CU-Boulder’s Outing Offers Multi-layered Glimpse of Journalism’s Future

Online Media Thought Leader Steve Outing gave the keynote address via Skype Thursday night those attending the Convergence Conference at The University of South Carolina in Columbia.

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COLUMBIA, S.C.– When it comes to fostering a new way of thinking about journalism and, perhaps, journalism education, one can’t go wrong by looking at Steve Outing and the University of Colorado-Boulder for visions of innovation, whether or not you agree.

Thursday night  the former newspaper editor and writer of the widely read “Stop the Presses” Editor & Publisher Column for more than 10 years, told those here at the Convergence & Society Conference how eBooks may replace college textbooks in two years while poking fun at newspapers and magazines that still make it more expensive for customers who don’t want their print editions.

On his web site, Outing describes himself as “a thought leader in the online media industry and on news innovation and digital transformation.”  And in spite of a recent bike accident that kept him grounded in Colorado, Outing delivered some thoughts that still have me scratching my head.

Steve Outing of Digital Media Test Kitchen delivered a keynote address at USC's Convergence Conference via Skype Thursday night. A bike accident kept him grounded in Boulder, Colo.

As a national board member of the Society of Professional Journalists, I, along with many of my fellow journalism educators, have spent the last year or so, criticizing the officials at CU-Boulder for dismantling the School of Journalism and Mass Communication.

While the University proceeds with the formation of a new “college of information, communication, media and technology,” many of us outside of Boulder hold the institution up as an example of WHAT NOT TO DO if we want to preserve the future of journalism

Even so,  Outing’s Digital Media Test Kitchen is cooking up some ideas that, like it or not, we journalism educators who mostly worked in legacy media outlets (newspapers, radio and television stations), have to at least taste.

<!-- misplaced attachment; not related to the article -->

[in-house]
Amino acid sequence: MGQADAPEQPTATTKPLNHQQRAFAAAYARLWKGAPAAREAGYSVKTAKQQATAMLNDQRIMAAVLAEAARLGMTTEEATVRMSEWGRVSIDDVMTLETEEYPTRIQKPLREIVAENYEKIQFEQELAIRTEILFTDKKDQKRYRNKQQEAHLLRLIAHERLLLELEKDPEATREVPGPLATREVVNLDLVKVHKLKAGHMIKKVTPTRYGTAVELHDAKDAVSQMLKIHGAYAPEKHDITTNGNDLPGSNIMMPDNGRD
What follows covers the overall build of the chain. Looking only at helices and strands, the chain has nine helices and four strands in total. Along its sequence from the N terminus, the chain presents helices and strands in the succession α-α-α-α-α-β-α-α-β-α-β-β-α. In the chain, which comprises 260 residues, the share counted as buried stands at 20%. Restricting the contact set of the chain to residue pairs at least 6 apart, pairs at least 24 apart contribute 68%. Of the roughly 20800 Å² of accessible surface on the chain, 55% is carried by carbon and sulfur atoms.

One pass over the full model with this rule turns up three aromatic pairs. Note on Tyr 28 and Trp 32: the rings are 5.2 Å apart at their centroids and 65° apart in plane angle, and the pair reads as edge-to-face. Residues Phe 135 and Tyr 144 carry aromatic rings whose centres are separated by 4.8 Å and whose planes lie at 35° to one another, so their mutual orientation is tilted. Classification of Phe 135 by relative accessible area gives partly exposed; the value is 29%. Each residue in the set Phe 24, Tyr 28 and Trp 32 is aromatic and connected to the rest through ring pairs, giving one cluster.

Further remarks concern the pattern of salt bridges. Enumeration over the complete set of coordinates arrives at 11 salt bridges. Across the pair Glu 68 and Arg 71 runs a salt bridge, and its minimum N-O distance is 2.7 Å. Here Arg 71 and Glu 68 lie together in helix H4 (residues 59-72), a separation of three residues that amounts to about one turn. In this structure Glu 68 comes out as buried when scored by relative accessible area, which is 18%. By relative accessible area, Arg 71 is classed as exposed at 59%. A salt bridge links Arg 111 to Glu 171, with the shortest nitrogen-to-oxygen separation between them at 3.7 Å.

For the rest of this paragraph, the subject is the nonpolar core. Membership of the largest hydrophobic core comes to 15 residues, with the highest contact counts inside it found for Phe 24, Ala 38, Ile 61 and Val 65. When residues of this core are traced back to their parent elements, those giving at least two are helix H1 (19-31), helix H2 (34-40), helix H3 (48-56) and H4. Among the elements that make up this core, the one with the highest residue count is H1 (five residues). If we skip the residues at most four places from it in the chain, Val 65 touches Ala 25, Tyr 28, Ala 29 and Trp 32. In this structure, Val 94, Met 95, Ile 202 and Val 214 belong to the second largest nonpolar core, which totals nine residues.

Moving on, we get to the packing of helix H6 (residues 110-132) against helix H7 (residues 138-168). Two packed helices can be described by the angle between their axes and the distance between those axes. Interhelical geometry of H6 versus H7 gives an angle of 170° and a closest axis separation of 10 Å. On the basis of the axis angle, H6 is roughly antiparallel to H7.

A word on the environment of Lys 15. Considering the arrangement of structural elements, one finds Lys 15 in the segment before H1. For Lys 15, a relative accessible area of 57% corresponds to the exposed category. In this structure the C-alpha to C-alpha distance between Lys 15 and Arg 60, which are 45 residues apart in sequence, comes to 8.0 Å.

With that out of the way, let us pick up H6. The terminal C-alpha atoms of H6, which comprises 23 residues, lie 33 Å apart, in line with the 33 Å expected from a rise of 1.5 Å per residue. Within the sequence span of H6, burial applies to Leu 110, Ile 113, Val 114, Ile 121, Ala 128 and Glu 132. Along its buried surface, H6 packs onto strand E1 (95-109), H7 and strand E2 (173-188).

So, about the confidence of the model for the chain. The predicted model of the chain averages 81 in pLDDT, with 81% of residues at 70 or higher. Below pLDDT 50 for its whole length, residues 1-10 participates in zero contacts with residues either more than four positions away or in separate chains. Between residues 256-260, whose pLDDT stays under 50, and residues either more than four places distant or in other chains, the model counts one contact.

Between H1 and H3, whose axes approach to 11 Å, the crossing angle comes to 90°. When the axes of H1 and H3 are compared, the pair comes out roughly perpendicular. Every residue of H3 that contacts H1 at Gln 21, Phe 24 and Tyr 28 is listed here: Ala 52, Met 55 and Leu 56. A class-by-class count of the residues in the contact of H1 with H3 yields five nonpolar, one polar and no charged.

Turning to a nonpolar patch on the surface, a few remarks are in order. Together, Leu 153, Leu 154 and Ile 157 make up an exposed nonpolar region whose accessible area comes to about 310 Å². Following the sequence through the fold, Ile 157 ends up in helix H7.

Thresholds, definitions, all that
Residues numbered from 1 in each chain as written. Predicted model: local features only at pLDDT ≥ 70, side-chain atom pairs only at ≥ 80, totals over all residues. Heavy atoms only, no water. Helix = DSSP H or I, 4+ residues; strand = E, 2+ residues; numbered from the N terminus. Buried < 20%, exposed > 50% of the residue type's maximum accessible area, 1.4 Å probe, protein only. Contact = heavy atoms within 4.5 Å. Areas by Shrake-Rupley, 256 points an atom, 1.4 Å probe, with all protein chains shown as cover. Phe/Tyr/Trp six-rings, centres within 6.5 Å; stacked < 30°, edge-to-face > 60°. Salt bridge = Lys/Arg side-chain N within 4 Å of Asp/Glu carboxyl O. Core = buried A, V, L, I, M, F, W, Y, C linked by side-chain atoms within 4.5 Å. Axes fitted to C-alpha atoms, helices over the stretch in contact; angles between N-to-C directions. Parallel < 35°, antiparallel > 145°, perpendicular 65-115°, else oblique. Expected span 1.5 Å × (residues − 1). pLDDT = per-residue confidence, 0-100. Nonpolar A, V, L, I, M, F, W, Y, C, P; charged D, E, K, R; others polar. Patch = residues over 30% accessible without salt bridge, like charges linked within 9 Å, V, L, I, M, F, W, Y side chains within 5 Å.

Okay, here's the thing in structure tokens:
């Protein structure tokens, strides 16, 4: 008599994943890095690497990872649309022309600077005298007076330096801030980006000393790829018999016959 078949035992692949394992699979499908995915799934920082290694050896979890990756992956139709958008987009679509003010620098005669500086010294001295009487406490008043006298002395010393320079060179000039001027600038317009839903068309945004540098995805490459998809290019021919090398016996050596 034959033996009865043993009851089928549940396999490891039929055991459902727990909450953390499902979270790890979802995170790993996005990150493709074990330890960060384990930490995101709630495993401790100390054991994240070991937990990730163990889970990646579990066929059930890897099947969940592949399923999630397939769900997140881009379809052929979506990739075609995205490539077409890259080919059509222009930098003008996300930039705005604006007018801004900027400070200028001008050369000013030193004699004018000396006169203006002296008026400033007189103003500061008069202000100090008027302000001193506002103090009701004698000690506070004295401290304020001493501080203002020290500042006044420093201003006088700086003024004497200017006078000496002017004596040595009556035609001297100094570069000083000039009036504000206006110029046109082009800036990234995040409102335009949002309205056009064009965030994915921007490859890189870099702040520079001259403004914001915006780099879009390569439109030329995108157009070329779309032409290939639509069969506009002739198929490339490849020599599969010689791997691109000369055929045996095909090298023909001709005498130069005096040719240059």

“It’s fairly new and we’re still finding our way,” Outing said in describing his applied research center.  “A big part of it is we’re collaborating with other parts of the University as well as local and non-local start-up companies.”

So far, the Digital News Test Kitchen has been researching new business models for college media that don’t involve a print edition, developing news games and tackling issues such as news source quality and credibility, article veracity and accuracy.

Among the ideas about sustainable news organizations in this period of digital transition Outing let us sample from his Test Kitchen Thursday were the following:

  • Newspapers should be more like The Guardian, which has committed 80% of its resources on its digital edition while only spending 20% on the print edition
  • Newspapers are doing a much better job than magazines of producing recyclable versions of their print editions
  • The quick adoption of tablet computers and the public’s embrace of eReaders suggest the time for students using just eBooks as textbooks is a couple of years away
  • eReaders present an awesome opportunity for those producing news
  • The next big thing that we need to be looking at is the environmental impact of digital media

Outing noted that he was affiliated with what he called an “infamous journalism program that last year was a School.”

Whatever CU-Boulder does with its program, Outing’s Test Kitchen may represent the wave of the future both in form and message– academic units without the “journalism-centric” nameplate that are not just embracing, but accelerating the demise of dead-tree editions of news publications.

I say this as I will scurry to the newsstand Friday morning to find a copy of The State newspaper, Columbia’s McClatchy-owned daily.

Author: George Daniels

George L. Daniels is an associate professor of journalism at the University of Alabama. After spending eight years in the local television newsroom working as a producer at stations in Richmond, Virginia; Cincinnati, Ohio; and Atlanta, Georgia, Daniels moved from the newsroom to the classroom. He’s conducted research on diversity issues in the media workplace and change in the television newsroom as well as media convergence. Before going to work in television news, Daniels worked briefly as a freelance writer for The Richmond Free Press in his hometown of Richmond, Va.

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